But poker- popularized recently by televised tournaments for pros and celebrity amateurs

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But poker- popularized recently by televised tournaments for pros and celebrity amateurs -- is a far more human game, one in which psychology matters as much as probability.

That's why in poker there's no such thing as an absolutely correct play, except in retrospect. If someone, or something, bets heavily with a lousy hand and everyone else folds, that was the right bet.

This makes poker bot design fascinating to academics like Jonathan Schaeffer, a computing science professor at the University of Alberta in Edmonton who for 14 years has headed a project to build poker programs.

Schaeffer said cards were more likely than chess to produce computing approaches useful in the real world because poker players must deal with incomplete information. But before such research can contribute dramatically to solving real-world problems, Schaeffer said, it has to solve the challenge of poker -- and that's several years away. For now, only the poker players with the poorest skills -- people like Gabriel, for instance -- have much to fear. Typically, a user signs on to an online game site manually, launches the poker bot and lets it run. Gabriel's BlackShark, for example, displays a window on his computer that collects information from the poker site and then calculates odds before making a bet.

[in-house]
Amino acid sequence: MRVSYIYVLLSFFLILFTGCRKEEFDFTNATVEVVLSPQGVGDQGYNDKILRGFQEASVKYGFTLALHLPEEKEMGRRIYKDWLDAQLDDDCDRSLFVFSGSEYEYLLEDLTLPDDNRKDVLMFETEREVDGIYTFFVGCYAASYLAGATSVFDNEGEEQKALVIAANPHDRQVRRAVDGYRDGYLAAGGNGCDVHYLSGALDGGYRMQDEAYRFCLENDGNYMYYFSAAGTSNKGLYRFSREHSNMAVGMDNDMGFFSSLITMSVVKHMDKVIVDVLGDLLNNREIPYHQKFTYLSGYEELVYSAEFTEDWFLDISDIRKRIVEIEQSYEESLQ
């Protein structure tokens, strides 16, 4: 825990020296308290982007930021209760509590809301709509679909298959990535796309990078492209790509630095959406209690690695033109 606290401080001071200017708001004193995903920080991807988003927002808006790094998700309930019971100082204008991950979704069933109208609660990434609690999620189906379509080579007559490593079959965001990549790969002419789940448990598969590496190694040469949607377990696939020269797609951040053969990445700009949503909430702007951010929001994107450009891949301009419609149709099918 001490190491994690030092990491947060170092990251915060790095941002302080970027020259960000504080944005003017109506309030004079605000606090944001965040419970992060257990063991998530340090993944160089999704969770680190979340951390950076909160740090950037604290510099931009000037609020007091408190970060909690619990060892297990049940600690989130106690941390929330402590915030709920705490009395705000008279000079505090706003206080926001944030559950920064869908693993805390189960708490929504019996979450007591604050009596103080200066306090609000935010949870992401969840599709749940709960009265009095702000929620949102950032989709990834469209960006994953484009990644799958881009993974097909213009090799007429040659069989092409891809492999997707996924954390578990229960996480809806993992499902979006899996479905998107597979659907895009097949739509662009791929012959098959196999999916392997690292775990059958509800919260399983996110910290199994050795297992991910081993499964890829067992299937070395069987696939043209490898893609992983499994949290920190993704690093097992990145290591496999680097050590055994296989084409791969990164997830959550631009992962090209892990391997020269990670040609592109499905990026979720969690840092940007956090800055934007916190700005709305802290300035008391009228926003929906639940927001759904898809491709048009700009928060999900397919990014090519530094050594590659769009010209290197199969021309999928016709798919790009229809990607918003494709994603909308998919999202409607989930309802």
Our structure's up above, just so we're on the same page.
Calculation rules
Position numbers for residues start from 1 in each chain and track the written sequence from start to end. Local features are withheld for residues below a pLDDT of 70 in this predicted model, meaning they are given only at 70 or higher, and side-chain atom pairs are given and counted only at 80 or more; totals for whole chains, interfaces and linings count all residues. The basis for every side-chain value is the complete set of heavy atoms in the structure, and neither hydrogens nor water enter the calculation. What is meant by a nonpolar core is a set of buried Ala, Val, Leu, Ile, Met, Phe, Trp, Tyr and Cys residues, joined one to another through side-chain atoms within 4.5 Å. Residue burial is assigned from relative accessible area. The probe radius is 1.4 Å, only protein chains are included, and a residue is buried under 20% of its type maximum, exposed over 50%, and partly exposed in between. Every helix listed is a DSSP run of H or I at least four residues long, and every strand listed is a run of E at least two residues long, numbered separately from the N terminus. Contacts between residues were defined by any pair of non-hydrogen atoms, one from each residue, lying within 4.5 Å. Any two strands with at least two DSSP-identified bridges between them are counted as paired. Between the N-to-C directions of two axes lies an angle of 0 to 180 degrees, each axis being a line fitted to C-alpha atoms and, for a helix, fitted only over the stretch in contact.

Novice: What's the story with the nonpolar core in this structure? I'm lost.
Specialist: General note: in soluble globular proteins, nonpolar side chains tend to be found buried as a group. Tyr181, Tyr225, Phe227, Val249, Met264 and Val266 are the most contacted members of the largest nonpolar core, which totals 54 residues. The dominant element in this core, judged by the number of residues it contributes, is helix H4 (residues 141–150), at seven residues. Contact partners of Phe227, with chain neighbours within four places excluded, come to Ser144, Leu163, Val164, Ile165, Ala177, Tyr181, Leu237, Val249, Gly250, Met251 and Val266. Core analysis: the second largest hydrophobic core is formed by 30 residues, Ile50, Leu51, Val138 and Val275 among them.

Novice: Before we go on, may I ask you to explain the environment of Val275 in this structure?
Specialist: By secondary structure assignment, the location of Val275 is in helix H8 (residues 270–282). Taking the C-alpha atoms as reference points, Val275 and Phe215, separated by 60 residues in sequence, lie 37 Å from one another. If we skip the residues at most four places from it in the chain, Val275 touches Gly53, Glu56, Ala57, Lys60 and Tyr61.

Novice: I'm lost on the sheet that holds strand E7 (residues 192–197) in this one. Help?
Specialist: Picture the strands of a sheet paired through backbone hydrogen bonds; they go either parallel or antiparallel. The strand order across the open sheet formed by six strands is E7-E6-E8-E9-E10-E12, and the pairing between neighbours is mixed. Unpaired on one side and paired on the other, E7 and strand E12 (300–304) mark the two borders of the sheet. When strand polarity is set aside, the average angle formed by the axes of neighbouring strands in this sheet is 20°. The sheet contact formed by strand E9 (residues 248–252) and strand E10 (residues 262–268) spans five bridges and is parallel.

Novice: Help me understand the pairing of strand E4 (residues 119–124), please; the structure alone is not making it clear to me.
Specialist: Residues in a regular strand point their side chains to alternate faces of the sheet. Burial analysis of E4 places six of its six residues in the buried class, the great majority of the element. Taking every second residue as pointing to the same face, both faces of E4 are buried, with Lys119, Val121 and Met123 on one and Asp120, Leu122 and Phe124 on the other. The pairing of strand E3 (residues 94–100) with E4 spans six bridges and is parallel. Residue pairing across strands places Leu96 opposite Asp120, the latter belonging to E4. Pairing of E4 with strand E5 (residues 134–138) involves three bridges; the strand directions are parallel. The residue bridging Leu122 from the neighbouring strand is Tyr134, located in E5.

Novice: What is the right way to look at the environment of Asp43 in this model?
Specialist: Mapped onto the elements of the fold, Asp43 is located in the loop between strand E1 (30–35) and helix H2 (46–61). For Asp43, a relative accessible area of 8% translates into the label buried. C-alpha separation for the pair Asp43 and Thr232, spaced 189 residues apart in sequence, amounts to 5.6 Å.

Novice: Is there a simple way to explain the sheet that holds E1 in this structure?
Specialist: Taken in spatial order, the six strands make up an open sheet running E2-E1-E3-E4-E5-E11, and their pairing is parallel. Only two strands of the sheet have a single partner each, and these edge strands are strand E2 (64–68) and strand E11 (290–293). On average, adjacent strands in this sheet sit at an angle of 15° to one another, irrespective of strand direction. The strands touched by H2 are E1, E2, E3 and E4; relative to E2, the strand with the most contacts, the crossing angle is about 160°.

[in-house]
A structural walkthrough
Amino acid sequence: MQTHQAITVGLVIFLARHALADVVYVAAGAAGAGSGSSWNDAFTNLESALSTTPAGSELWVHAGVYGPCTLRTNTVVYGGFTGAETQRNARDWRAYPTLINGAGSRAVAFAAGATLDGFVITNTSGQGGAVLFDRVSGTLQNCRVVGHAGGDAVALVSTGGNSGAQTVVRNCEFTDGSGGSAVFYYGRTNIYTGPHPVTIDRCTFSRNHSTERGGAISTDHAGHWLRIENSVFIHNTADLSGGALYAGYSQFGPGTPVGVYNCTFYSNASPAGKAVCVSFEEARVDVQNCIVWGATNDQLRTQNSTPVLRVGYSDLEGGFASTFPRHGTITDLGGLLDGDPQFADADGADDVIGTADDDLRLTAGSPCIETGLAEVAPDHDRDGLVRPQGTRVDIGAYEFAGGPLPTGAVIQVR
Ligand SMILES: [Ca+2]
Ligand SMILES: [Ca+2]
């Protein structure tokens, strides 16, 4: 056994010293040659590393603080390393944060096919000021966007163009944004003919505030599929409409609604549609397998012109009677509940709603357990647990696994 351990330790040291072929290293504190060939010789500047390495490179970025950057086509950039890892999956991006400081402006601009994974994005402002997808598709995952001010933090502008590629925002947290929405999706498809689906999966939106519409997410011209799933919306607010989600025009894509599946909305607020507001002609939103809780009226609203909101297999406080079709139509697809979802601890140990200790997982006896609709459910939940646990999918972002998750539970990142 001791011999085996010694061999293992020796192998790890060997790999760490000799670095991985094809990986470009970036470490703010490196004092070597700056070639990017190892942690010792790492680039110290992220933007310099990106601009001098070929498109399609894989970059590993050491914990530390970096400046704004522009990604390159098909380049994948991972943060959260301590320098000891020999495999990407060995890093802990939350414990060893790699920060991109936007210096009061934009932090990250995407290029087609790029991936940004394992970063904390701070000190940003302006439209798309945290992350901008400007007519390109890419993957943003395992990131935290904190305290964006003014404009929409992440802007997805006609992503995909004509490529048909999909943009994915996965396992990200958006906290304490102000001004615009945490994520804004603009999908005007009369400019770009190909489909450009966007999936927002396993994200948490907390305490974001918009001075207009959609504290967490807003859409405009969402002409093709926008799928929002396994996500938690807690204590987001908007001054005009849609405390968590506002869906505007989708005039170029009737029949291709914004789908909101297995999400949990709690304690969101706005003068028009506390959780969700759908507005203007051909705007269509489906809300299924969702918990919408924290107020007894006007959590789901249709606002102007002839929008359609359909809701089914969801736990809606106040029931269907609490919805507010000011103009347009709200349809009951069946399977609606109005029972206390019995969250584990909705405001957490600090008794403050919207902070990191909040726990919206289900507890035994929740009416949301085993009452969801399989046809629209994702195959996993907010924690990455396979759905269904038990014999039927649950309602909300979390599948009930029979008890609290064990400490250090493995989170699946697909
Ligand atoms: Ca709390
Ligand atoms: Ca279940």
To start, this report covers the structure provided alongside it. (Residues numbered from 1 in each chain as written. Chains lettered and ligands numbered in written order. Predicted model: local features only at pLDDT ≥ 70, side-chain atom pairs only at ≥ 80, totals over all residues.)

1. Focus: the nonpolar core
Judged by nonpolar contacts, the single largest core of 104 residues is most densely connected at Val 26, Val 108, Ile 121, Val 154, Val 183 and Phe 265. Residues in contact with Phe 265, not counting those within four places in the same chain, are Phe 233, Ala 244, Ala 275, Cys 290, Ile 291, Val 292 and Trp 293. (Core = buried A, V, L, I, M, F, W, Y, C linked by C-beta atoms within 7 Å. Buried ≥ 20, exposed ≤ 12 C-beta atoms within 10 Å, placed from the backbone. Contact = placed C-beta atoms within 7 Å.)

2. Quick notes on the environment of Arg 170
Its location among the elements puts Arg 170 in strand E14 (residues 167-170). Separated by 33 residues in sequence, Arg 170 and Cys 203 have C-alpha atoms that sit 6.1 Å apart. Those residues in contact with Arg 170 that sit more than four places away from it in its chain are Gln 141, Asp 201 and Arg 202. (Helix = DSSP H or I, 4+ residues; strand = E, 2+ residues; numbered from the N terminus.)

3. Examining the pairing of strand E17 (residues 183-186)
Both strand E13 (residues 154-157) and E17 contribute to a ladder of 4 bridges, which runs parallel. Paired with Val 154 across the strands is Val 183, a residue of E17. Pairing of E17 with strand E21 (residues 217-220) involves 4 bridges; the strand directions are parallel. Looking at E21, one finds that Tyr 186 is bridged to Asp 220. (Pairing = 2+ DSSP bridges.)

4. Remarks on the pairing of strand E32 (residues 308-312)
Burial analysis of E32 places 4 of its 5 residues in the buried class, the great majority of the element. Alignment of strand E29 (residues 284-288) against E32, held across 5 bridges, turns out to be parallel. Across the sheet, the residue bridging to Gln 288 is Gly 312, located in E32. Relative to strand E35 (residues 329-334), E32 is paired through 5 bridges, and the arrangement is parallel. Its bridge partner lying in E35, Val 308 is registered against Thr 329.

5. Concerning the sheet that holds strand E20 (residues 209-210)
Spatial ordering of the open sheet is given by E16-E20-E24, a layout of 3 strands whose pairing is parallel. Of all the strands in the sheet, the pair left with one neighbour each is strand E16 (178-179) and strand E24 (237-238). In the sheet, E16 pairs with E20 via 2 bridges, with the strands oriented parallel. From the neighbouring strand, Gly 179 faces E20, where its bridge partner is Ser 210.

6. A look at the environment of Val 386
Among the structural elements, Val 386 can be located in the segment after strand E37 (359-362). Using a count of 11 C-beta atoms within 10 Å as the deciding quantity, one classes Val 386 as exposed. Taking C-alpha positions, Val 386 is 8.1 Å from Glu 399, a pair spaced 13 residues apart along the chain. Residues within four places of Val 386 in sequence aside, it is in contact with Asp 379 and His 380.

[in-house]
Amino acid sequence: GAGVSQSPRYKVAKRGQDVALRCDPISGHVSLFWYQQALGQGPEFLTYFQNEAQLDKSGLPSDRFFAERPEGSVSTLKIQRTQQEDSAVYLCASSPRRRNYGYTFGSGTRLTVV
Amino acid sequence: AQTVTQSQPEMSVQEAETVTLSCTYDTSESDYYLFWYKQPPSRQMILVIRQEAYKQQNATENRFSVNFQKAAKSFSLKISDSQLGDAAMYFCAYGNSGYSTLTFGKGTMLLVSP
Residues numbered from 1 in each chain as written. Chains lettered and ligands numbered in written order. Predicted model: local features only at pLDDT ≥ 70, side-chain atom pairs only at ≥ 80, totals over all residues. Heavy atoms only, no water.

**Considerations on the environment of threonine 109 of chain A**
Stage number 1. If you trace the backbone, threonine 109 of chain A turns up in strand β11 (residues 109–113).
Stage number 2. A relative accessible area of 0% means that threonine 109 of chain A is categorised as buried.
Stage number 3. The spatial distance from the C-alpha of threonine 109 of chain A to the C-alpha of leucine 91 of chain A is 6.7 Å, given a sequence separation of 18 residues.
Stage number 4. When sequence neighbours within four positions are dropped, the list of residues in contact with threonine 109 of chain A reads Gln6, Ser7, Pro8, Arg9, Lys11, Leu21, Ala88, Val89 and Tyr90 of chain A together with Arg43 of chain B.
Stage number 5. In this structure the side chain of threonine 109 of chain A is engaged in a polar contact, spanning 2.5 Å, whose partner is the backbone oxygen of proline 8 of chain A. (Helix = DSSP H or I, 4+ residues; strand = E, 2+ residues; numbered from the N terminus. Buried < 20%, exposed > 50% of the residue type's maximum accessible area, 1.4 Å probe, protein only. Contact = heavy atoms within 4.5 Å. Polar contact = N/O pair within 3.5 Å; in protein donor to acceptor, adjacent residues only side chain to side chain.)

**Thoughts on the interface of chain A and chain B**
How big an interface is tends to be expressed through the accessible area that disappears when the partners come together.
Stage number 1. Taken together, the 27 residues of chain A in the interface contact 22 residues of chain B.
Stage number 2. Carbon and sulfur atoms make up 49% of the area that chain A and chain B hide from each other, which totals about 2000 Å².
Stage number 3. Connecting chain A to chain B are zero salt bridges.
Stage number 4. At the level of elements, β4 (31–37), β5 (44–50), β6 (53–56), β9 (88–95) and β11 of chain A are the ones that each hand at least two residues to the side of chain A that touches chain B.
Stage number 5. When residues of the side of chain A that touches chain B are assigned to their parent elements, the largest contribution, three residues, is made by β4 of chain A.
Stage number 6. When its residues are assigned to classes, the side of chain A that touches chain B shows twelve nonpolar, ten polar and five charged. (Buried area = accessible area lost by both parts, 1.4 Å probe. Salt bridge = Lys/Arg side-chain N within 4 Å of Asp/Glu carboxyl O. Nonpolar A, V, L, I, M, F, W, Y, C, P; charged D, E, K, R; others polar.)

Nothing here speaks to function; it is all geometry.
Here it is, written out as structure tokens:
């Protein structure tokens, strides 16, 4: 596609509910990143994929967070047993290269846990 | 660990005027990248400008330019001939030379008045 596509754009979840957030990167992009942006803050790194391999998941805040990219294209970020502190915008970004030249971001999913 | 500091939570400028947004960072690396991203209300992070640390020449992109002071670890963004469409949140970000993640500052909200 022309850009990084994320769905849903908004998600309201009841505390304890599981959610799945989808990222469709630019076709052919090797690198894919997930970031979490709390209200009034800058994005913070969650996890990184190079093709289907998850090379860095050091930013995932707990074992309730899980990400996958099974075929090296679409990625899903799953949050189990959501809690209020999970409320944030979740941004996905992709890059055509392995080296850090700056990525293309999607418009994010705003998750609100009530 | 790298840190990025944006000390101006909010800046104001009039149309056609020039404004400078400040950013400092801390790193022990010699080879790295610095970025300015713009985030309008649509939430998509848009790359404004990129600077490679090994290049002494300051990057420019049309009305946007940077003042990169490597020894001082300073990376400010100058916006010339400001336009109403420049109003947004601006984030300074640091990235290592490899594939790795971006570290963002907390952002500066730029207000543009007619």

Like most of his peers, Gabriel, who is working five nights a week to get BlackShark ready for the Las Vegas tournament, is an engineer first and a poker player second. He said his poor game skills are his biggest handicap. "The hard part is: What if I've got two 10s? What am I going to do?" As he scans poker books for strategy tips, Gabriel is laboring to add an enormous set of rules telling the machine what to do with different cards and how to react to the frequency with which other players fold, call and raise.

Other robot designers, such as Ken Mages of Evanston, Ill., are further along. But though their electronic progeny may win at small-stakes tables, they usually fall apart when the human competition is stiffer. After two weeks of programming, Mages said, "I could sit down at a 50-cent table, put 50 bucks in the account, go to bed and wake up with at least $75." The most Mages said he won that way was $250; he never lost.

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